Ceremonies in Native American culture often honor religious beliefs, ranging from divine worship to signifying important changes in life. Ceremonies and ceremonial dances also range in the permitted participants and audiences, as some have stricter guidelines and some are intensely private.

Social and Religious Ceremonies

An example of a ceremonial dance marking an individual’s initiation to a new stage of life is the Women’s Fancy Shawl Dance. This dance is an adaptation of the Ceremonial Butterfly Dance, evident in the colorful regalia. The cultural beliefs surrounding this dance are to recognize how a young Native American woman transitions from her childhood to being a young lady, much like a butterfly leaving the cocoon. This dance is also fairly recent in its development, which shows how cultural practices can grow and adapt as generations carry on.

Multiple Eastern Woodland tribes practice the Stomp Dance. The Muscogee tribe calls this dance “Opvnky Haco” in reference to medicine, and many Southeastern Native Americans associate this dance with the Green Corn Ceremony. This dance is a prayer performed at night multiple times over the summer for community prosperity. The ceremony may include over 30 performances all with different leaders. The participants are both men and women that follow the leader circling a sacred fire counter-clockwise while singing and dancing. The youngest dancers are at the end of the line, and the most experienced are at the front. This dance often lasts from nightfall until dawn, when the event ends. The participants engage in a religious fast from after midnight throughout the entire night while awake, and take medicine from ceremoniously gathered and prepared roots.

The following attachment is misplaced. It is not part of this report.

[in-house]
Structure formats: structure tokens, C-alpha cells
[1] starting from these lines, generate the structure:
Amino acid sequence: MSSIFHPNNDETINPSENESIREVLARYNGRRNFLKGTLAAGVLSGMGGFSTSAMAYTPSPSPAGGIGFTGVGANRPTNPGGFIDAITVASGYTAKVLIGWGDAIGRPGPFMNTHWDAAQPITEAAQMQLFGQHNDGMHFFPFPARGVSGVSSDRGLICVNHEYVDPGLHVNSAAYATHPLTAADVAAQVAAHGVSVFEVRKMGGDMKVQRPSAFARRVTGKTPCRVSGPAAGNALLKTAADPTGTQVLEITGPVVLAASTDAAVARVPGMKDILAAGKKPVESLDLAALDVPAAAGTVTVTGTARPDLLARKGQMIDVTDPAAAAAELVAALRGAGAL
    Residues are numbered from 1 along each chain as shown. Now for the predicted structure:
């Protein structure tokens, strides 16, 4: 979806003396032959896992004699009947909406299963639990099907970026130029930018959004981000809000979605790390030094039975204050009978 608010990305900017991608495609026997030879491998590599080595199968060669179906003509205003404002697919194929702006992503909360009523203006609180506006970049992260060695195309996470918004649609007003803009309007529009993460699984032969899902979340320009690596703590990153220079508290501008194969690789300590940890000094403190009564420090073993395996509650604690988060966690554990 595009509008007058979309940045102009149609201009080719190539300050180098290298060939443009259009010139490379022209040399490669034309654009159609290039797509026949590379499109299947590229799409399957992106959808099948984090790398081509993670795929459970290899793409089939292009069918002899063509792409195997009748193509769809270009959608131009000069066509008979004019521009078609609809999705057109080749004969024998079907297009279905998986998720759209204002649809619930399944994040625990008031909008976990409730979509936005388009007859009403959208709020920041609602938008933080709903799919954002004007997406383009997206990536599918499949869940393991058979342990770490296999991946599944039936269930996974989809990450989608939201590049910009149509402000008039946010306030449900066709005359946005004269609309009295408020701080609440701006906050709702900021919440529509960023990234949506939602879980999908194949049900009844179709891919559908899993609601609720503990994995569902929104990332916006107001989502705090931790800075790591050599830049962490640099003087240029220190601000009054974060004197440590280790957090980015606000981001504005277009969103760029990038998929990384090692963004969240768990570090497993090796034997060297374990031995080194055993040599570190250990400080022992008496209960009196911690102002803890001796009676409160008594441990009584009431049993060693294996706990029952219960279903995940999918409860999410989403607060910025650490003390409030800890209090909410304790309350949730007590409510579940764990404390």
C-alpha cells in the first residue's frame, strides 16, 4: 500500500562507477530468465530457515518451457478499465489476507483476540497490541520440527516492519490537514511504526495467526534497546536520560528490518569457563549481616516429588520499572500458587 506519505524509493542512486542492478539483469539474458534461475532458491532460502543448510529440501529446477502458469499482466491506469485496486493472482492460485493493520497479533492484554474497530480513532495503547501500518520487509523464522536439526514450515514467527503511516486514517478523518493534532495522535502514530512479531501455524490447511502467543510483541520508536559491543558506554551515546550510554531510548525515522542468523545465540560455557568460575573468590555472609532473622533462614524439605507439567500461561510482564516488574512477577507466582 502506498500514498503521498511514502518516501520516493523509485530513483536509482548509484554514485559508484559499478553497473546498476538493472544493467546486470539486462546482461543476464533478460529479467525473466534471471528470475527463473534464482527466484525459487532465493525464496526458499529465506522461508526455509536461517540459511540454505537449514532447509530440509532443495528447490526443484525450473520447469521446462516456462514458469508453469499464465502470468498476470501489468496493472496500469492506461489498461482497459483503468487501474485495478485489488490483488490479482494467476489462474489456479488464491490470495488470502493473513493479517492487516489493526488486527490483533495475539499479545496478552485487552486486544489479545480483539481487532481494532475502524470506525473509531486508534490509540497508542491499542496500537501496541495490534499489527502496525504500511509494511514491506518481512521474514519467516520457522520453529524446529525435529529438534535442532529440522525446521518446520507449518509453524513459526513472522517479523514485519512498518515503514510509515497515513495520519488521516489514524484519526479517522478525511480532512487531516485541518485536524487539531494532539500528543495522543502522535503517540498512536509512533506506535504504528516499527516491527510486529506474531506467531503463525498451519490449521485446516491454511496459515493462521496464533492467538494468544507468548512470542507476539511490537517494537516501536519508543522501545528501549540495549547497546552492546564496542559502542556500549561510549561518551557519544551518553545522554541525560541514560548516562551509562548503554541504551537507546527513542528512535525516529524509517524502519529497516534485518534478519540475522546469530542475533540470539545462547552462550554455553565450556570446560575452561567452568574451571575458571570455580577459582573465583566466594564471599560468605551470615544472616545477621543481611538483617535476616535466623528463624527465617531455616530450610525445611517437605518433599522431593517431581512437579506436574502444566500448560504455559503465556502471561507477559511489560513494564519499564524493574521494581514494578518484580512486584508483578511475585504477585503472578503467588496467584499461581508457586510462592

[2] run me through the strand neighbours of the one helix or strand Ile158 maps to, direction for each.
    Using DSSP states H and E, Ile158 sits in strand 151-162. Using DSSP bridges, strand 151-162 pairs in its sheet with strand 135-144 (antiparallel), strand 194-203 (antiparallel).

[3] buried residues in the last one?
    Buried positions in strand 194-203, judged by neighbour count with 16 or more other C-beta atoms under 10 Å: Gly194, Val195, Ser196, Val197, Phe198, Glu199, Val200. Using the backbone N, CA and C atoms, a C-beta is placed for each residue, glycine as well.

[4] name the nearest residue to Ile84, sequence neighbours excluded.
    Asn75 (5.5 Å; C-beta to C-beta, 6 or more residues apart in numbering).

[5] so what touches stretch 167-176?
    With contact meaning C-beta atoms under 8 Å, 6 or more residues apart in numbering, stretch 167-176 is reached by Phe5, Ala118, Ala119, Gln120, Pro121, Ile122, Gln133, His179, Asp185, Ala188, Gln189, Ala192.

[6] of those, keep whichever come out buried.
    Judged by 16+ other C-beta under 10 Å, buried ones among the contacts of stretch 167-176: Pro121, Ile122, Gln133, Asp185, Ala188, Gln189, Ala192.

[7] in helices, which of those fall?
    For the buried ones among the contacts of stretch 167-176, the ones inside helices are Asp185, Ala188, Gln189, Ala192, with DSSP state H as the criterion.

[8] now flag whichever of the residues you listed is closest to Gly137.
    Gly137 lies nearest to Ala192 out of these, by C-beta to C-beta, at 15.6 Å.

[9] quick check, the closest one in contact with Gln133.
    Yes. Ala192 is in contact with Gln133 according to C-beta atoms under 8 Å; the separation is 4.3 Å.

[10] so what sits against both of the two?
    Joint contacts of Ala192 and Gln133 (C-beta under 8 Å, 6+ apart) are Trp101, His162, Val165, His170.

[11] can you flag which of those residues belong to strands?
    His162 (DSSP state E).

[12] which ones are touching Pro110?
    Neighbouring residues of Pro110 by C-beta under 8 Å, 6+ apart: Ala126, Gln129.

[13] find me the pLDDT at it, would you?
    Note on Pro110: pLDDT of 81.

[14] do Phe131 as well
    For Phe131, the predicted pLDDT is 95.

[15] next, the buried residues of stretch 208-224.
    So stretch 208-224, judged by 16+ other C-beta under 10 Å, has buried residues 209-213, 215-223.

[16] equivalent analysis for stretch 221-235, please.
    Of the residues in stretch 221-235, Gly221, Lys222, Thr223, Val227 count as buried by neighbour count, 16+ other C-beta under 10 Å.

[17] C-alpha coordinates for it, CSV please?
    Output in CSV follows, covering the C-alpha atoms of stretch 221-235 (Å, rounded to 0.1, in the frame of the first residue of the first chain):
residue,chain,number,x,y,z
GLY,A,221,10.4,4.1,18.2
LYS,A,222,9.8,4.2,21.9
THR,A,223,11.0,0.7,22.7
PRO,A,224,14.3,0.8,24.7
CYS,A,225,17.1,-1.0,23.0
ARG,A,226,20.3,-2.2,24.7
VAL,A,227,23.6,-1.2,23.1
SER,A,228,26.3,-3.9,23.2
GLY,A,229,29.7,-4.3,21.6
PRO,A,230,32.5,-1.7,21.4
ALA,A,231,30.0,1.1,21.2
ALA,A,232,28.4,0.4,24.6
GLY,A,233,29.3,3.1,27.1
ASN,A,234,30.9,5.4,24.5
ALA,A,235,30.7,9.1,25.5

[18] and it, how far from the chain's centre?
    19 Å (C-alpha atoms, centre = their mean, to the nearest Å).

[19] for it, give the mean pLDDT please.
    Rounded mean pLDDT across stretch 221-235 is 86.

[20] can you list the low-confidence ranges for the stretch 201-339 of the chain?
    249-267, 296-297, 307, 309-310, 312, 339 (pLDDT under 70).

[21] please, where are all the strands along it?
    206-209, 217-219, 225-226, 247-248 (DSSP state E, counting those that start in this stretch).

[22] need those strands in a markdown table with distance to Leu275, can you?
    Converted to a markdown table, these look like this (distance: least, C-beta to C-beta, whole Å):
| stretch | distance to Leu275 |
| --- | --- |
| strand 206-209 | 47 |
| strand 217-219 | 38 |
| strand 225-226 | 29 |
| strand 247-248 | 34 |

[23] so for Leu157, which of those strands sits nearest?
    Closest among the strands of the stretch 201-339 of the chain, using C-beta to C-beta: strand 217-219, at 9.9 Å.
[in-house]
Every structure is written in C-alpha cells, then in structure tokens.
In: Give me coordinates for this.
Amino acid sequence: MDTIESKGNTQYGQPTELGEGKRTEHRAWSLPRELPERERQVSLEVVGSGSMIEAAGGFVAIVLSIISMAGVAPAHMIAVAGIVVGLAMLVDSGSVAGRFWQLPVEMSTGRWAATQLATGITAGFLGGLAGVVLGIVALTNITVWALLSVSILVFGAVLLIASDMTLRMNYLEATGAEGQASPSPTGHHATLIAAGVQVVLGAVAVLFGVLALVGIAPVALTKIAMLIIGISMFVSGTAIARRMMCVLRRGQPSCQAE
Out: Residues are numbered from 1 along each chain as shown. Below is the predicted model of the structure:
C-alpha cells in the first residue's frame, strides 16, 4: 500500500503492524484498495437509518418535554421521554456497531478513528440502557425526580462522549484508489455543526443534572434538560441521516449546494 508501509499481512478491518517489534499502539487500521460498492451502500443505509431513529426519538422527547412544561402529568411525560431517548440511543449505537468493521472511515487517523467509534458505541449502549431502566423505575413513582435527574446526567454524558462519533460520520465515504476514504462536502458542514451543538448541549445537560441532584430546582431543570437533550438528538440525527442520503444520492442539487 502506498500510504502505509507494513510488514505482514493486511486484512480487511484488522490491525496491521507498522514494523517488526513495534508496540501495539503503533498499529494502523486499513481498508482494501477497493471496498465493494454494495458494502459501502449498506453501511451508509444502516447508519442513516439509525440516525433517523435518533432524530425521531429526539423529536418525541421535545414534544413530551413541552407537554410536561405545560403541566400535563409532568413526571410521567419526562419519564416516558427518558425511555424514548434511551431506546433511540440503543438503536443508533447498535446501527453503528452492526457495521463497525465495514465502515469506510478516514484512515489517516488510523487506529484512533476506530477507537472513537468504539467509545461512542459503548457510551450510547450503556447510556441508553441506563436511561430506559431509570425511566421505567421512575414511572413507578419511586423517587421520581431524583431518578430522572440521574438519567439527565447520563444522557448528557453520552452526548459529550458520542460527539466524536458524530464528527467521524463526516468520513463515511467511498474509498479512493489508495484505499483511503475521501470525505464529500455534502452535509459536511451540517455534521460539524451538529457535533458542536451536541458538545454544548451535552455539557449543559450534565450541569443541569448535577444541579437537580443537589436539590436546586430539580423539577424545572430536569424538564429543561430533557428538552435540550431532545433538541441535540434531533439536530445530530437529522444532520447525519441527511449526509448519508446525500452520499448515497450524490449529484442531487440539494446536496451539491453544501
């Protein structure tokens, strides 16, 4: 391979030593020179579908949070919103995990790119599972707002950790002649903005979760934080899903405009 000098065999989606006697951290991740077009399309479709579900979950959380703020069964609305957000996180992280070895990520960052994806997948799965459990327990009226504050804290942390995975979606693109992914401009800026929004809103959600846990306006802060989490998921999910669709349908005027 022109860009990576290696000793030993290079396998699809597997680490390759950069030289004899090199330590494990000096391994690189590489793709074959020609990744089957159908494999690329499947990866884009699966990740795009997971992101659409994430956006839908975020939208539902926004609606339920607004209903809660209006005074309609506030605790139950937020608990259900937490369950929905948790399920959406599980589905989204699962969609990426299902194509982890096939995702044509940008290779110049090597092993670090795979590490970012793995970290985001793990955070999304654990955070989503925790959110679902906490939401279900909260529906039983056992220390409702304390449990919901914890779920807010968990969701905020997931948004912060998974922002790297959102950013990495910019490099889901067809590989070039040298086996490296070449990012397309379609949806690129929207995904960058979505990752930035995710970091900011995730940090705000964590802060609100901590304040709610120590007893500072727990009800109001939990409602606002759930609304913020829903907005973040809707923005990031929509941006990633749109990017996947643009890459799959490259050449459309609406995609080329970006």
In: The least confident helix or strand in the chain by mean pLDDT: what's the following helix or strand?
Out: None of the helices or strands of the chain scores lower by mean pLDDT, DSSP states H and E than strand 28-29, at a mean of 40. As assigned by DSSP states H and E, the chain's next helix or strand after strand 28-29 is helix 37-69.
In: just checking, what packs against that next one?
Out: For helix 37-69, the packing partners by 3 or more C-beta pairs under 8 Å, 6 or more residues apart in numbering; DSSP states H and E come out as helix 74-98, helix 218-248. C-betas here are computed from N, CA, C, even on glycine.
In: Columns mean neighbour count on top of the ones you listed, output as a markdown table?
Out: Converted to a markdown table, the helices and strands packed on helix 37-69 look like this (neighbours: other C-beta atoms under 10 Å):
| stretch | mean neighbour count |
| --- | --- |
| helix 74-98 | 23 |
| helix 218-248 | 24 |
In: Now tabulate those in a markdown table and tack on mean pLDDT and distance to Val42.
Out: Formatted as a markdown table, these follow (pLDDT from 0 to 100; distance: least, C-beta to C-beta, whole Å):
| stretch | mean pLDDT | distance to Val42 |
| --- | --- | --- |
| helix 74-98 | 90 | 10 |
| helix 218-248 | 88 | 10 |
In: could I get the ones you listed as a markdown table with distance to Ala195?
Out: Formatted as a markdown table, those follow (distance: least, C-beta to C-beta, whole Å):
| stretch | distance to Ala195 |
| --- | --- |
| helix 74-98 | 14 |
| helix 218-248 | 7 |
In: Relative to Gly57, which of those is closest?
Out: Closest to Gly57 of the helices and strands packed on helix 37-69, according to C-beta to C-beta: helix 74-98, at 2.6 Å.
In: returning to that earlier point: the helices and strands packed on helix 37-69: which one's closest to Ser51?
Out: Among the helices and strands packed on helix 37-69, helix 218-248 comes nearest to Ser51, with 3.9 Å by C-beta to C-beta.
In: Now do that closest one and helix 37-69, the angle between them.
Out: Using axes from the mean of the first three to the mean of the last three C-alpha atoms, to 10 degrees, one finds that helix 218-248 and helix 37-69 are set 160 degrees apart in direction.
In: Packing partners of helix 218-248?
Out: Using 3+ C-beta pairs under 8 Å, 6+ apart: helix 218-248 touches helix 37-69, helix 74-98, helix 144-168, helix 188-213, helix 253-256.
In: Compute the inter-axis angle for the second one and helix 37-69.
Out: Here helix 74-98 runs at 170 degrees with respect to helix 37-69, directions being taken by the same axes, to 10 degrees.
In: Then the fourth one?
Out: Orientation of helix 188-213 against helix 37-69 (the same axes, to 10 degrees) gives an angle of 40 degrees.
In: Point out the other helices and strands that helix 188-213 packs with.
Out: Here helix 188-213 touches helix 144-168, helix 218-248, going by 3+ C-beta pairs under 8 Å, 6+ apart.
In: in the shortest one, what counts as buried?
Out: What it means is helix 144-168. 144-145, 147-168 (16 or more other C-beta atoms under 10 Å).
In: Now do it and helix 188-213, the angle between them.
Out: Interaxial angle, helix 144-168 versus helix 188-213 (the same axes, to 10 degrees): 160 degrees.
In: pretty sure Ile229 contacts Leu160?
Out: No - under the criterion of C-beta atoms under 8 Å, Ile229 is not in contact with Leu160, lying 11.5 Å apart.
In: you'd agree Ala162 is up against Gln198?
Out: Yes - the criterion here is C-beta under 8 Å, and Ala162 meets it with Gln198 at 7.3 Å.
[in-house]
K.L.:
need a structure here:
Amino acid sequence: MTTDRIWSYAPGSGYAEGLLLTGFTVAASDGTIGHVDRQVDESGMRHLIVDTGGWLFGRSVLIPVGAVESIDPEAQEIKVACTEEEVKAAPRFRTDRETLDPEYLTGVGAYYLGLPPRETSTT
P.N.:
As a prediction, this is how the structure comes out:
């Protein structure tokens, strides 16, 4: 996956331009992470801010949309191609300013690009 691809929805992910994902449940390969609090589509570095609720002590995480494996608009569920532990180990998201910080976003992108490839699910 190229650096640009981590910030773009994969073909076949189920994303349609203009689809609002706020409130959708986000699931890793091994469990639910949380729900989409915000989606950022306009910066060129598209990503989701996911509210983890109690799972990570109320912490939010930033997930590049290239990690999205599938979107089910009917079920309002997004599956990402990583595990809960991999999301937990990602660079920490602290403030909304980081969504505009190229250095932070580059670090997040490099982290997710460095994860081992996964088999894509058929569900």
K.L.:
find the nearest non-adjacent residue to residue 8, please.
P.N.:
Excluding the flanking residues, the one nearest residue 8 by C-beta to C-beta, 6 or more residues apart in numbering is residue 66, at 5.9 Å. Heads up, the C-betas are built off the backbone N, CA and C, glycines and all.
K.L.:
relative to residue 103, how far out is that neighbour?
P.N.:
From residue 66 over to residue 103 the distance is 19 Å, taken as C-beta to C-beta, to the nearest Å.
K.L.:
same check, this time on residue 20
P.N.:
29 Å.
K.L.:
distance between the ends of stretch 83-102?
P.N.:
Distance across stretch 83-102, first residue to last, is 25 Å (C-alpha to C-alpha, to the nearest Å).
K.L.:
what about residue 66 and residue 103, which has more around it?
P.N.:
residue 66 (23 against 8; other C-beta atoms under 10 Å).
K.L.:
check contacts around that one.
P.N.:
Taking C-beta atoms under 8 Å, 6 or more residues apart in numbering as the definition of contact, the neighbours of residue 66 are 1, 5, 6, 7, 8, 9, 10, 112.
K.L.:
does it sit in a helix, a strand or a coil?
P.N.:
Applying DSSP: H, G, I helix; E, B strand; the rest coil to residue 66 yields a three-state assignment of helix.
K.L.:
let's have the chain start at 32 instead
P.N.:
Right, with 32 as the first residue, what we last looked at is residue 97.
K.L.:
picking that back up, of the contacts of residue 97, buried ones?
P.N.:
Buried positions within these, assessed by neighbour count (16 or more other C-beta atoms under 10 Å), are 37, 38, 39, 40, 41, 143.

Religious Rituals

Performers dance the ceremonious Sun Dance every year, usually for the summer solstice after a year of preparations. The eagle is the main symbol of this dance, representing unity of the body and spirit. Different tribes perform this dance uniquely. Most iterations include drum music, fasting, offerings, and praying with a pipe. Each tribe also uses their own stories and songs passed through generations. The United States government actively suppressed Sun Dances. Today, these ceremonies are held intermittently as a result of being forced underground.